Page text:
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    Southeast Asia
     Aug 17, 2007
Philippines teeters on brink of total war
By Simon Roughneen

The Armed Forces of the Philippines (AFP) have launched a new military campaign against radical Muslim insurgents in its southern regions, an offensive nominally aimed at finishing off the hobbled 300-member Abu Sayyaf terror group, but one that also threatens to widen the conflict with two ceasefire groups, the Moro National Liberation Front (MNLF) and the Moro Islamic Liberation Front (MILF).

Manila recently ramped up its military deployment to the restive region, where estimates of soldiers on the ground ranging widely



from 5,000-12,000. Army chief General Romeo Tolentino recently announced that he had temporary moved army headquarters from Manila to Zamboanga City on the southern island of Mindanao while the campaign is conducted. Fighting on the southern island of Jolo this month saw 50 people - including 25 army soldiers - killed in armed exchanges, and thousands of civilians have since evacuated the area.

Significantly, the MNLF has claimed responsibility for certain recent attacks. The Philippine military first launched Operation Endgame against the radical group back in 2002, but failed to live up to its billing without foreign assistance. Since the attacks on the United States on September 11, 2001, Washington has funneled hundreds of millions of dollars' worth of military assistance to the Philippine Army specifically to combat the Abu Sayyaf, which Manila claims is responsible for more than 400 civilian deaths since 2000, including the bombing of a passenger ferry in Manila Bay in 2004 that killed 116 people.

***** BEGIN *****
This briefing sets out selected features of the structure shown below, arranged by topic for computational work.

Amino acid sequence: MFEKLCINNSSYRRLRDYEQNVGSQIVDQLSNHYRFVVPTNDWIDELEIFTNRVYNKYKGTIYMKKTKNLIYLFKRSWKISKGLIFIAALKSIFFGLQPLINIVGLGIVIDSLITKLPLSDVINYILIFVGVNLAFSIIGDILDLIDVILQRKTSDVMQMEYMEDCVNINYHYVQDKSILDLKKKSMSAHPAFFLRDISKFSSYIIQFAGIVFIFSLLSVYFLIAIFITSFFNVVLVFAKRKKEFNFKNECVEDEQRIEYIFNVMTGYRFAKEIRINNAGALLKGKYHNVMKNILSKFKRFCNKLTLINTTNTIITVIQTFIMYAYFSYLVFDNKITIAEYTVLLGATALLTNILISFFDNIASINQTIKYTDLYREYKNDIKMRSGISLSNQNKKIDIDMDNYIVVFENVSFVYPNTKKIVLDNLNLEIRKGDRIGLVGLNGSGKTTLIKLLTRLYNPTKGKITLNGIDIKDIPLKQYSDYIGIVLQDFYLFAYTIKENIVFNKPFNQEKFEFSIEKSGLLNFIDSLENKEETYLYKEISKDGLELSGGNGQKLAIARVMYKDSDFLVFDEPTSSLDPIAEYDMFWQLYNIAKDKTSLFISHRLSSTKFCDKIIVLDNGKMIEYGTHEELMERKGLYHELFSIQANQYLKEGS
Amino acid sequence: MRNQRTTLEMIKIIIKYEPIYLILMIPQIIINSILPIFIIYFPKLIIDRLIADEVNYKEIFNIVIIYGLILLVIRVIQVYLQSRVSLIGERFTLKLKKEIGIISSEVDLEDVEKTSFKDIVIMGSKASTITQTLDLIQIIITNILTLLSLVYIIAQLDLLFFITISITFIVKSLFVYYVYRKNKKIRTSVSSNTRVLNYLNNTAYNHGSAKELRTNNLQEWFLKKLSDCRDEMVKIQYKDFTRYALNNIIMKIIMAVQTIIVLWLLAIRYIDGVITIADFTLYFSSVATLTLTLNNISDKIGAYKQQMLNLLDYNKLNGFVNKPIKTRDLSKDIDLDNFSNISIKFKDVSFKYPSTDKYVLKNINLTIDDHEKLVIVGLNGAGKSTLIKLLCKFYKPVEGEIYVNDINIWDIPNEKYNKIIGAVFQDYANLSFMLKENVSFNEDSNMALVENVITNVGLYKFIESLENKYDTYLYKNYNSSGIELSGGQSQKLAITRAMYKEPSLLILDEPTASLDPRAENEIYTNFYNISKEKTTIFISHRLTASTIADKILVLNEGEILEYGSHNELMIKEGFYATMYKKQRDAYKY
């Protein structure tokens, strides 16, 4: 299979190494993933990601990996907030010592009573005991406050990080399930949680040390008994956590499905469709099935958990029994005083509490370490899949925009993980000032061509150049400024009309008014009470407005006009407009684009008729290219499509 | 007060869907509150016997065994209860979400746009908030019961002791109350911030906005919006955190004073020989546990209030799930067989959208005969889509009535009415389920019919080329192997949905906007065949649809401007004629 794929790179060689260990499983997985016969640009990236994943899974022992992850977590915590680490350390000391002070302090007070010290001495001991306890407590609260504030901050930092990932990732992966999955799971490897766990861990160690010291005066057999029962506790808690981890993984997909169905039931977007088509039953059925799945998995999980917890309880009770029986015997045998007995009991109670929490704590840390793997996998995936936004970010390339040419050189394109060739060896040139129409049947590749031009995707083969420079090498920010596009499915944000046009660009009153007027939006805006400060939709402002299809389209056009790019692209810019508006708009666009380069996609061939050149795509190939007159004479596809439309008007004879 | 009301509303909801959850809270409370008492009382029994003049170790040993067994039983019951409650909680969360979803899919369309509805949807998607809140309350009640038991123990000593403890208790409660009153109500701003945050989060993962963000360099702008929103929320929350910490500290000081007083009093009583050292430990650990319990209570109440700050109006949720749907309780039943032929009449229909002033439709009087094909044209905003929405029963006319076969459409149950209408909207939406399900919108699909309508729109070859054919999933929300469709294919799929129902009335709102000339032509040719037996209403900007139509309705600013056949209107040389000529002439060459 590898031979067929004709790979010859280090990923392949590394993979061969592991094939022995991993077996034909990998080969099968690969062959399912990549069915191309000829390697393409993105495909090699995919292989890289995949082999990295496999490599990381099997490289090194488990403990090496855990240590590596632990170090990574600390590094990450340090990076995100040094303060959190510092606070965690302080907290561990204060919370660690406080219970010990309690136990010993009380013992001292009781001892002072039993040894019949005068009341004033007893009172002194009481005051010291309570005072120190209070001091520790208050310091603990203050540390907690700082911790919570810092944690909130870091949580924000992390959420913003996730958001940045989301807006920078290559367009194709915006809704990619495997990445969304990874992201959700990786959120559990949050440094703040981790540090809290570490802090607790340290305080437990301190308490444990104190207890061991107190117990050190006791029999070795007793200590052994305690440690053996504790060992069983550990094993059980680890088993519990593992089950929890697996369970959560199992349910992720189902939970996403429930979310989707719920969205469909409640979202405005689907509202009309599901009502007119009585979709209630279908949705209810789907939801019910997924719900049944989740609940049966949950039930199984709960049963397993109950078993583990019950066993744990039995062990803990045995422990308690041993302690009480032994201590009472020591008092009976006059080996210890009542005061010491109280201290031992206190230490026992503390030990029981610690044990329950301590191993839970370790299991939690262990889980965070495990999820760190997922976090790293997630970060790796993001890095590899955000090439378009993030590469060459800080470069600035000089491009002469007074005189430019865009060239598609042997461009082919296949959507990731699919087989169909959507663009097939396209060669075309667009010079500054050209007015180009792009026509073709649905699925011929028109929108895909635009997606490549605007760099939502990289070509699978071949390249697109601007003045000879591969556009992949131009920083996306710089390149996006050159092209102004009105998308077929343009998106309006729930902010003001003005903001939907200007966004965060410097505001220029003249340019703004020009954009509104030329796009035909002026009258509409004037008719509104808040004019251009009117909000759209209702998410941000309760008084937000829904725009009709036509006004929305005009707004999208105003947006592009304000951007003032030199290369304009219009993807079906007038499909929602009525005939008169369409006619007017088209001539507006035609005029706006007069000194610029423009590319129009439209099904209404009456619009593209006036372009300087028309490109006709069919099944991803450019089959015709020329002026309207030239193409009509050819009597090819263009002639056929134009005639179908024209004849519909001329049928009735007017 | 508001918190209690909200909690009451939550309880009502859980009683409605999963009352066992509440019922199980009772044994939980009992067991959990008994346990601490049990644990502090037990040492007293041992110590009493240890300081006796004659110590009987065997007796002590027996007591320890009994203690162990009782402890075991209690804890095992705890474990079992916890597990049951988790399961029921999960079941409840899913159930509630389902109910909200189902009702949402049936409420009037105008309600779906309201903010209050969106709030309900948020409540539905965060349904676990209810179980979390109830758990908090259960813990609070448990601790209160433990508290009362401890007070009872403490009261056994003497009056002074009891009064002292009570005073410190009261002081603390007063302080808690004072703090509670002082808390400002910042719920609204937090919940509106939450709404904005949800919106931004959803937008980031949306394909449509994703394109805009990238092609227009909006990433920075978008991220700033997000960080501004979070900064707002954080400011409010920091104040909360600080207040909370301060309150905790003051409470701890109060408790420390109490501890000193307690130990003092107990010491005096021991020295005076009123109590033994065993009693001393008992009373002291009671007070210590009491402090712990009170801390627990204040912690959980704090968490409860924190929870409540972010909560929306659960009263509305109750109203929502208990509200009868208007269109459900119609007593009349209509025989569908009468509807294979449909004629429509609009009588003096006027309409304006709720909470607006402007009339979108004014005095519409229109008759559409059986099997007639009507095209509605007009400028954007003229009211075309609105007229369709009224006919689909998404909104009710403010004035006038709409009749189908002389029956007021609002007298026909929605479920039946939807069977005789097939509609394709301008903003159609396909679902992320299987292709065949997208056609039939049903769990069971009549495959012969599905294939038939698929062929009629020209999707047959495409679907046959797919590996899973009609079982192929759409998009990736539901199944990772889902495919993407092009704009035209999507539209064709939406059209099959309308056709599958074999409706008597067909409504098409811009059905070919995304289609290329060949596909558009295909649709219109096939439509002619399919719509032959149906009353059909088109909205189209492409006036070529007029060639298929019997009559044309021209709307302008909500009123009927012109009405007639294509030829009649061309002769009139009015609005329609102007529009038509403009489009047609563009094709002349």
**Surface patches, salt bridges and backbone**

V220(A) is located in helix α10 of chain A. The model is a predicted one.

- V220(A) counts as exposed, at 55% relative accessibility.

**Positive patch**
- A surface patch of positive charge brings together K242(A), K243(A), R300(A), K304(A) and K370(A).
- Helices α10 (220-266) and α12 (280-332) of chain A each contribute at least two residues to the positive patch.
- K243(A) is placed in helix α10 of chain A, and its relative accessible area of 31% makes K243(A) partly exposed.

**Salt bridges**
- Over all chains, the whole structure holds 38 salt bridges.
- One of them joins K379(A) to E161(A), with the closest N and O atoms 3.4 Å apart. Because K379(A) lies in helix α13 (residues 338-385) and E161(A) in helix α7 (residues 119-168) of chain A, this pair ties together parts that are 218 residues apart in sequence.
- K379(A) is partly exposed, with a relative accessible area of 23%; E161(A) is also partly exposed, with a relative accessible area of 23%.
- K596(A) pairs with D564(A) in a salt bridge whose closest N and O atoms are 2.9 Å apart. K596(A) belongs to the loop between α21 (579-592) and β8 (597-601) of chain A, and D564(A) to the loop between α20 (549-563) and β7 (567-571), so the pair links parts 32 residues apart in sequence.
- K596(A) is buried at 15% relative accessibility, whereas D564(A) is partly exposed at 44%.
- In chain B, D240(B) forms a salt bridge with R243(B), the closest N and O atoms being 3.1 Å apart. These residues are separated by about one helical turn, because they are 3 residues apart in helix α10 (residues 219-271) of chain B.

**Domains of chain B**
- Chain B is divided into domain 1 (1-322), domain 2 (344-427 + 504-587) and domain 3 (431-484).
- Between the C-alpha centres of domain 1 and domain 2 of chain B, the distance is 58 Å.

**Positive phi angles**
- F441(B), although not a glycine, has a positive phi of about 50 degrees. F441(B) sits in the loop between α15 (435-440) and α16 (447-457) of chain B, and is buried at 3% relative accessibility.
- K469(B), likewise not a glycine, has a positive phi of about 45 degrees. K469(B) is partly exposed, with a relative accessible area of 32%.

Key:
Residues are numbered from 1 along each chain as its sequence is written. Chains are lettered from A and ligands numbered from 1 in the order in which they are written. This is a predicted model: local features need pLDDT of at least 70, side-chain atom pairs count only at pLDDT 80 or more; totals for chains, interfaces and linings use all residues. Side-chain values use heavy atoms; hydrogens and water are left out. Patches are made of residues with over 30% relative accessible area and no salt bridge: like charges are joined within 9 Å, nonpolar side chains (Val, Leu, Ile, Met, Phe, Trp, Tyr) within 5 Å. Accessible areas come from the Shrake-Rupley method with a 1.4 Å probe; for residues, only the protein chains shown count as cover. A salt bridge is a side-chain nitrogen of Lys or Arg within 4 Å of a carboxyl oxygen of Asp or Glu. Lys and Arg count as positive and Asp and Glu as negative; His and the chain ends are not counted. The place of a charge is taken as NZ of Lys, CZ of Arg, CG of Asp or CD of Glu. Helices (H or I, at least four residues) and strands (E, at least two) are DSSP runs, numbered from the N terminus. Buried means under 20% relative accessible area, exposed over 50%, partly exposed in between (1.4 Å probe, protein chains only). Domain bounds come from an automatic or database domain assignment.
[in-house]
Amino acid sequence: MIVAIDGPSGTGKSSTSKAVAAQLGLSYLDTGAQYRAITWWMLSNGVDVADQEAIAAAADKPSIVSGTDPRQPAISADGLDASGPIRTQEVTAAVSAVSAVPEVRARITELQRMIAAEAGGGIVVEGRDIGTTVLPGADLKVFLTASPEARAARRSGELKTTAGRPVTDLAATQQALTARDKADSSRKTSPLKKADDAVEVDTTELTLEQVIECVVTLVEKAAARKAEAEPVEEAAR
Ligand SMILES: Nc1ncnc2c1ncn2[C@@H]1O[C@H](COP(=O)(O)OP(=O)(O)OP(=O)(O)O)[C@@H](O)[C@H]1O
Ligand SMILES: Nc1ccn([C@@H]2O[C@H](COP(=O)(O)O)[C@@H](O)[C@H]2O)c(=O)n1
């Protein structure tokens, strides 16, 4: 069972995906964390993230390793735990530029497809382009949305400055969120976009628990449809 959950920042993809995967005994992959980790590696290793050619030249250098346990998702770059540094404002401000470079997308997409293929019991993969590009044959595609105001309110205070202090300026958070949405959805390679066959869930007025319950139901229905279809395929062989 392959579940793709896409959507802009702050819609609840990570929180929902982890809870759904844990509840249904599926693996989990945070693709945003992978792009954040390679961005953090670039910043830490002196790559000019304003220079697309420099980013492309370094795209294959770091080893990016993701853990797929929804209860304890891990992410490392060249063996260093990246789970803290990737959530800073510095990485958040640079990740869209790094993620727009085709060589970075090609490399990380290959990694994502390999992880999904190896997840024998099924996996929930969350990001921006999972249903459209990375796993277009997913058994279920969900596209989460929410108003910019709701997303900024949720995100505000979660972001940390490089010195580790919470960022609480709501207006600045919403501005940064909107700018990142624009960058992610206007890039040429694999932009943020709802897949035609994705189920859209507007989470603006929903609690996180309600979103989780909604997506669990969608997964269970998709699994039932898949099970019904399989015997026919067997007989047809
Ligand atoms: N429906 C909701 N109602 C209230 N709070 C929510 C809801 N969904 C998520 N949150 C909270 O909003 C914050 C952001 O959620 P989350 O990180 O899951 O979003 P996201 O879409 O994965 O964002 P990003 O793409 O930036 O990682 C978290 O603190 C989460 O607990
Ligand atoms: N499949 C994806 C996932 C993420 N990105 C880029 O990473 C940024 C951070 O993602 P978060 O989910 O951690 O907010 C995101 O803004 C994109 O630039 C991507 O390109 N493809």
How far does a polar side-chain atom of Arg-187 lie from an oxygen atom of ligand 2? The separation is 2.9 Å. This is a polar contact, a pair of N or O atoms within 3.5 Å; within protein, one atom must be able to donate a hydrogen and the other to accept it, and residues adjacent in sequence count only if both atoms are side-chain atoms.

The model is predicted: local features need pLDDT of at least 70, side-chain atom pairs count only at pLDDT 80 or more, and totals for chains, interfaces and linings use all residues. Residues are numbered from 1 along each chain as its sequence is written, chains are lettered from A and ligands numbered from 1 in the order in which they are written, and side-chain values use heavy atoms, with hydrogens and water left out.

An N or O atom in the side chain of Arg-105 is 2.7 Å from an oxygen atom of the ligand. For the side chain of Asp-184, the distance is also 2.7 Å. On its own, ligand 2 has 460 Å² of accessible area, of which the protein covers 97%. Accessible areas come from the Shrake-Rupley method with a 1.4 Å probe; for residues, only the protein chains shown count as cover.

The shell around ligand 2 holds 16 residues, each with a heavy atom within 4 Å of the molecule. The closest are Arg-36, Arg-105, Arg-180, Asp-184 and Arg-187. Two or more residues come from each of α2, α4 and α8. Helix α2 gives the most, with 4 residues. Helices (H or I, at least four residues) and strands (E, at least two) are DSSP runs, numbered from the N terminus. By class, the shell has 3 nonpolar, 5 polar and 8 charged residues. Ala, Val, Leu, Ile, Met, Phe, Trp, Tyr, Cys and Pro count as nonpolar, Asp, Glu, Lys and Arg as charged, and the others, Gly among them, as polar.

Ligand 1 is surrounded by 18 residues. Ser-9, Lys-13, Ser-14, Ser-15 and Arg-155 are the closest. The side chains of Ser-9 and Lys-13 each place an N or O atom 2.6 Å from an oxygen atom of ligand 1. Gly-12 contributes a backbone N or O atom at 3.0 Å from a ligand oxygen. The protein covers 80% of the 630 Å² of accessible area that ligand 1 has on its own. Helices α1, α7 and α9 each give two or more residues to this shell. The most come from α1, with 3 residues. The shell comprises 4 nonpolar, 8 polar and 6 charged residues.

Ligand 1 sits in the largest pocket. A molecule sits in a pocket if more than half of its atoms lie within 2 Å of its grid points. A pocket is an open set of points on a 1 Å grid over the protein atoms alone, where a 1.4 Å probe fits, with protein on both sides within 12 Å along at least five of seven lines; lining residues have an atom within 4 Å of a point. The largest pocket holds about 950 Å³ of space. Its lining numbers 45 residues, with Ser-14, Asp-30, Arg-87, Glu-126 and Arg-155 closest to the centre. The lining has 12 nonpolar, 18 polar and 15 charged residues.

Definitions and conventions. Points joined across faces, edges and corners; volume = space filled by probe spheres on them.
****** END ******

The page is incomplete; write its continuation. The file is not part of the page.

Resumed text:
The US has accused Abu Sayyaf of having links to global terror group al-Qaeda and Indonesia-based radical group Jemaah Islamiyah (JI) - but until now has remained mum on the MNLF while negotiations with Manila were ongoing. Nonetheless, the new assault on the MNLF, which stands accused of harboring Abu Sayyaf and JI operatives, would appear to jibe with broad US counter-terrorism objectives in the region. In an effort to win Filipino hearts and minds, the US Agency for International Development has pumped more than US$230 million in development and humanitarian assistance into Mindanao since 2002.

While American soldiers are prohibited from engaging in military operations, an unknown number of American military advisers provide tactical and operational advice. With that support, the Philippine Army has scored some important military successes against the rebel group over the past 18 months, including the apparent killing last September of the group's leader Khadafy Janjalani and, in January, of his apparent successor Abu Sulaiman (Jainal Antel Sali Jr).